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I'm trying to make a C++ OpenGL representation of our Solar System as a way to teach myself OpenGL, so please keep your answers simple. The problem I have is that planets are very far away, so everything else is beyond the clipping plane when viewing from any given planet. How do I move the clipping of C++ OpenGL 3.1 plane to, say, 2000000000? I'd prefer a simple code snippet if you can. I've looked up SO and forum posts about this, but they're either so old that nothing applies (using legacy APIs or just dead links), or so complex that I can't work out what they're saying.

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Gamedev discussion that might be useful. Been looking at the same issue recently, but haven't had the time to look into it yet. gamedev.net/topic/557264-confused-very-large-environments –  Grimmy Dec 8 '12 at 8:24
    
A Real-Time Procedural Universe : floatingorigin.com/mirror/oneil_01.htm –  Grimmy Dec 8 '12 at 8:28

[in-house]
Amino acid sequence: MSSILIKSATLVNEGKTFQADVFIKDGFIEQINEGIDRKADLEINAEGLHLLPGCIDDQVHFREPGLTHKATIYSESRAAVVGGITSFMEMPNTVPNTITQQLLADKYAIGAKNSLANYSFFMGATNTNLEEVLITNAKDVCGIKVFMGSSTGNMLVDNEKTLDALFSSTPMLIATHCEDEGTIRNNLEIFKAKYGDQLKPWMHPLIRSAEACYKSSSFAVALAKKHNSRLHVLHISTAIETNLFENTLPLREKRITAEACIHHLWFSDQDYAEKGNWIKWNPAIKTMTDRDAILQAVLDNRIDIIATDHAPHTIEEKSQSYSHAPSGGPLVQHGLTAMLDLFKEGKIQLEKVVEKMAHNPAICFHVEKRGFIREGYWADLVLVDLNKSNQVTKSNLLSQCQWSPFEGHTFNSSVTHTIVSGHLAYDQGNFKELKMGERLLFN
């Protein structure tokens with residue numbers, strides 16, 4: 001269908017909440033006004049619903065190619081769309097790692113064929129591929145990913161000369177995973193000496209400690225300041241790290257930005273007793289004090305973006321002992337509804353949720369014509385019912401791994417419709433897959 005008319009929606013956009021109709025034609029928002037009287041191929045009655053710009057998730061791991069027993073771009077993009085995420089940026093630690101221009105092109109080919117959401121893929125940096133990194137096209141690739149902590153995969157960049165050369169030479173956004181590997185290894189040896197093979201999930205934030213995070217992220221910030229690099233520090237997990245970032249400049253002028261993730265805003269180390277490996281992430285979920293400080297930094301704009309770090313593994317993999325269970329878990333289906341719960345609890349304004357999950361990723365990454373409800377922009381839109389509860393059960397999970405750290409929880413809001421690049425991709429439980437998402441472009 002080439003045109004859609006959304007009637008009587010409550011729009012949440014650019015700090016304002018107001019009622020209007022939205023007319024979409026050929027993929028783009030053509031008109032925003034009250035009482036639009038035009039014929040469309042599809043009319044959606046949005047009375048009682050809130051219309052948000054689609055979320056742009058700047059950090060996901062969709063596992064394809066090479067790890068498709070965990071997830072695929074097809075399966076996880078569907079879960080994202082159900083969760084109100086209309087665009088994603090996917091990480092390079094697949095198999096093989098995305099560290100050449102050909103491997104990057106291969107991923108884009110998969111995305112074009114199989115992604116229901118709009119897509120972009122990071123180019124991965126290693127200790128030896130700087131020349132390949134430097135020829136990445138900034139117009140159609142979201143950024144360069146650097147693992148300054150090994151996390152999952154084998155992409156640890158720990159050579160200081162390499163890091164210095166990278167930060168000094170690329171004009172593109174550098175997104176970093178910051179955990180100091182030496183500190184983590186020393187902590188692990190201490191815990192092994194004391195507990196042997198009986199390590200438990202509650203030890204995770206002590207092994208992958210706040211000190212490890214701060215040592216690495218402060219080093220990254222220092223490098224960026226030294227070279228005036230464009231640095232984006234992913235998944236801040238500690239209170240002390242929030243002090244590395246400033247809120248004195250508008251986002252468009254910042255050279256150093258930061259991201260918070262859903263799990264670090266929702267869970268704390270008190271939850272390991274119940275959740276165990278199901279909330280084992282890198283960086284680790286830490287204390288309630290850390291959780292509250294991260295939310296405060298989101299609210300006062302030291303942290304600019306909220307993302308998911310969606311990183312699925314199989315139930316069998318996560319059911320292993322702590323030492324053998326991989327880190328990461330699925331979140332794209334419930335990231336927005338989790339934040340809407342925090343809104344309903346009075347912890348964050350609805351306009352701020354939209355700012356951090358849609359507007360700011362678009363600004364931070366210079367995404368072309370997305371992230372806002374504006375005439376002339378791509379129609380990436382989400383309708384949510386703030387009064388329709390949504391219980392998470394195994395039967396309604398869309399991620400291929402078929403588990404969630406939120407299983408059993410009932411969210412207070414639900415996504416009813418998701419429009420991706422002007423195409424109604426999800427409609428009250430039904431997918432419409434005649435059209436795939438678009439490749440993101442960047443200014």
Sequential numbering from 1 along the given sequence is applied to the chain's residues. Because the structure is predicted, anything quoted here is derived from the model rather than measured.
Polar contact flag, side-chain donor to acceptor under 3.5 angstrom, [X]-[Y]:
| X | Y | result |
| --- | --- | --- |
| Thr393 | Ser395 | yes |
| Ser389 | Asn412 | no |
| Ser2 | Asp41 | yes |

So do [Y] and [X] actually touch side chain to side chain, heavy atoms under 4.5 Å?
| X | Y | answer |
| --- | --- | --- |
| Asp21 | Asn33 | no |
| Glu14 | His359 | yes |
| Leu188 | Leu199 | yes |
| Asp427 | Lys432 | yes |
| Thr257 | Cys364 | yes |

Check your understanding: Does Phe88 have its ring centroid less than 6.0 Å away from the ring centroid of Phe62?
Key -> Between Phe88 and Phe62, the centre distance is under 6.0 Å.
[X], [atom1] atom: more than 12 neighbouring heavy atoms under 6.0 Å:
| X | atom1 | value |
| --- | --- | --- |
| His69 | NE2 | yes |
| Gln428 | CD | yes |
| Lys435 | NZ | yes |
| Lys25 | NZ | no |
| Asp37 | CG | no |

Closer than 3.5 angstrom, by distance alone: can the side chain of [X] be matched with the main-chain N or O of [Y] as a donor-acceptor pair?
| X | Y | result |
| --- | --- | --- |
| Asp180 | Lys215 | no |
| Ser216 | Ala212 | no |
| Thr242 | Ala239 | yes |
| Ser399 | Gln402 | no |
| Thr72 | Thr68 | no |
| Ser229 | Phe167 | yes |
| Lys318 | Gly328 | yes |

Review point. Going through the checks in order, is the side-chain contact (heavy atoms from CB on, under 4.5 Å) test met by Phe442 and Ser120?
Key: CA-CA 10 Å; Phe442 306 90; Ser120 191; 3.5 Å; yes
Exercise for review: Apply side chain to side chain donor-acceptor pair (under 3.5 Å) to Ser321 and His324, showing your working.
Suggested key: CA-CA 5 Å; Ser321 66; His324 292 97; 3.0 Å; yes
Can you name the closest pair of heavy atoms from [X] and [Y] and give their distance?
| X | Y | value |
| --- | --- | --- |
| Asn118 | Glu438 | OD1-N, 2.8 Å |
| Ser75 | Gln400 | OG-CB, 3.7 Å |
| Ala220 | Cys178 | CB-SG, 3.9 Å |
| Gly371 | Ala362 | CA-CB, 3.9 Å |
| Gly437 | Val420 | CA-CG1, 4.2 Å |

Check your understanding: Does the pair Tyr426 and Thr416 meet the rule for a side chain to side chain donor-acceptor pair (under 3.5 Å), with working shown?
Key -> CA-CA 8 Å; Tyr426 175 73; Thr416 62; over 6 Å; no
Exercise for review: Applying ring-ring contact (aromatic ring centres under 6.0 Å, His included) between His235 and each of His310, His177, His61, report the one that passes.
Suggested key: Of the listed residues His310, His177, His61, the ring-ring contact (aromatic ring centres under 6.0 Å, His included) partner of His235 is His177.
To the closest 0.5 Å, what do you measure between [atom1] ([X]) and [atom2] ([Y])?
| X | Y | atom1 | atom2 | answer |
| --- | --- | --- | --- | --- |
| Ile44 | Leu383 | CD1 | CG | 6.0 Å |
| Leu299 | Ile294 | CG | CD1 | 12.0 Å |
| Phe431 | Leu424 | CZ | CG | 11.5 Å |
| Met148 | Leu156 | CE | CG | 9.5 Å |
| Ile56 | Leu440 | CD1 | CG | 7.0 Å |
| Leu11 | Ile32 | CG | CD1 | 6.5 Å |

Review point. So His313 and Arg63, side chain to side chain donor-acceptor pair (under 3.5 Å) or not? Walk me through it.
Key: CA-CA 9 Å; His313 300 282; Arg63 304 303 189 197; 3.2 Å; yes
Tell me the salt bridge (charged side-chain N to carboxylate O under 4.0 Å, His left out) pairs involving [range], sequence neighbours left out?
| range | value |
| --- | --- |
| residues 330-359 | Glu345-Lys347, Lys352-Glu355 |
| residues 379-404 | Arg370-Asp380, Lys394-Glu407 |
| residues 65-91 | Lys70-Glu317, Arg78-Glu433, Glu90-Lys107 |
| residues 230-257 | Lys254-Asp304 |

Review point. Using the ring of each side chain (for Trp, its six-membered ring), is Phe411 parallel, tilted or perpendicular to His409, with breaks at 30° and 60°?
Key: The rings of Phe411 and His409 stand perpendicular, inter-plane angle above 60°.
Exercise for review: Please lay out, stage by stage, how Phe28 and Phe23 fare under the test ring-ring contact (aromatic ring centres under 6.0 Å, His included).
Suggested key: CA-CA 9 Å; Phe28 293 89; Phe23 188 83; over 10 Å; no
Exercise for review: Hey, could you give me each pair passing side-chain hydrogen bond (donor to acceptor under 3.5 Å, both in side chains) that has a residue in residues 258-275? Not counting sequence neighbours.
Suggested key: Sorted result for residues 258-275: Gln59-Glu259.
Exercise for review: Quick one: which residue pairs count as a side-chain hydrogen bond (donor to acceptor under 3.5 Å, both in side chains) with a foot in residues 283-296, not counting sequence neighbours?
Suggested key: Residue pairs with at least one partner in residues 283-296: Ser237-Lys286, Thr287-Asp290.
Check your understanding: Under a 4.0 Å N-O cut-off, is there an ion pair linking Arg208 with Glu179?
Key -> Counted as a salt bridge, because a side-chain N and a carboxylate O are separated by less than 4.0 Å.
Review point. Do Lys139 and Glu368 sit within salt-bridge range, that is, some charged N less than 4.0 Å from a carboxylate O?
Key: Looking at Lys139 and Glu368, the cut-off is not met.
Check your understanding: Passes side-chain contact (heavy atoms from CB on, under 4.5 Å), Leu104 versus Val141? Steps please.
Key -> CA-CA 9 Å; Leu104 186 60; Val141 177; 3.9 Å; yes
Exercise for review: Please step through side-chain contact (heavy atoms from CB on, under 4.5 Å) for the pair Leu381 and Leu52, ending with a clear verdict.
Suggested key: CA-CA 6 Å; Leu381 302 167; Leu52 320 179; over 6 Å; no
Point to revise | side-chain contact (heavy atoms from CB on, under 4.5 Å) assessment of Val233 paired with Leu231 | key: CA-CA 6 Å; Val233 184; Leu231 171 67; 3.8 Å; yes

1 Answer 1

up vote 2 down vote accepted

Clipping planes are defined by the perspective projection matrix.

If you use glFrustum, change the last argument passed to it to 2000000000.0.

If you use your own matrix, set 10th element of your matrix array to:

(2000000000.0+nearClippingPlane)/(nearClippingPlane-2000000000.0)

(the formula is (far+near)/(near-far))

and 14th to:

(-4000000000.0*nearClippingPlane)/(2000000000.0-nearClippingPlane)

(the formula is (-2.0*near*far)/(far-near))

2000000000 is very big value, however, so Z-fighting may occur if you add details such as mountains.

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Thanks! I have no idea if this will work, because the target project is no longer in development. I'll assume you're right until proven otherwise :3 –  Supuhstar Feb 27 '13 at 18:56
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No, I wasn't right, the formula for the 10th element I wrote was incorrect, I fixed it. –  SiPlus Mar 1 '13 at 4:57

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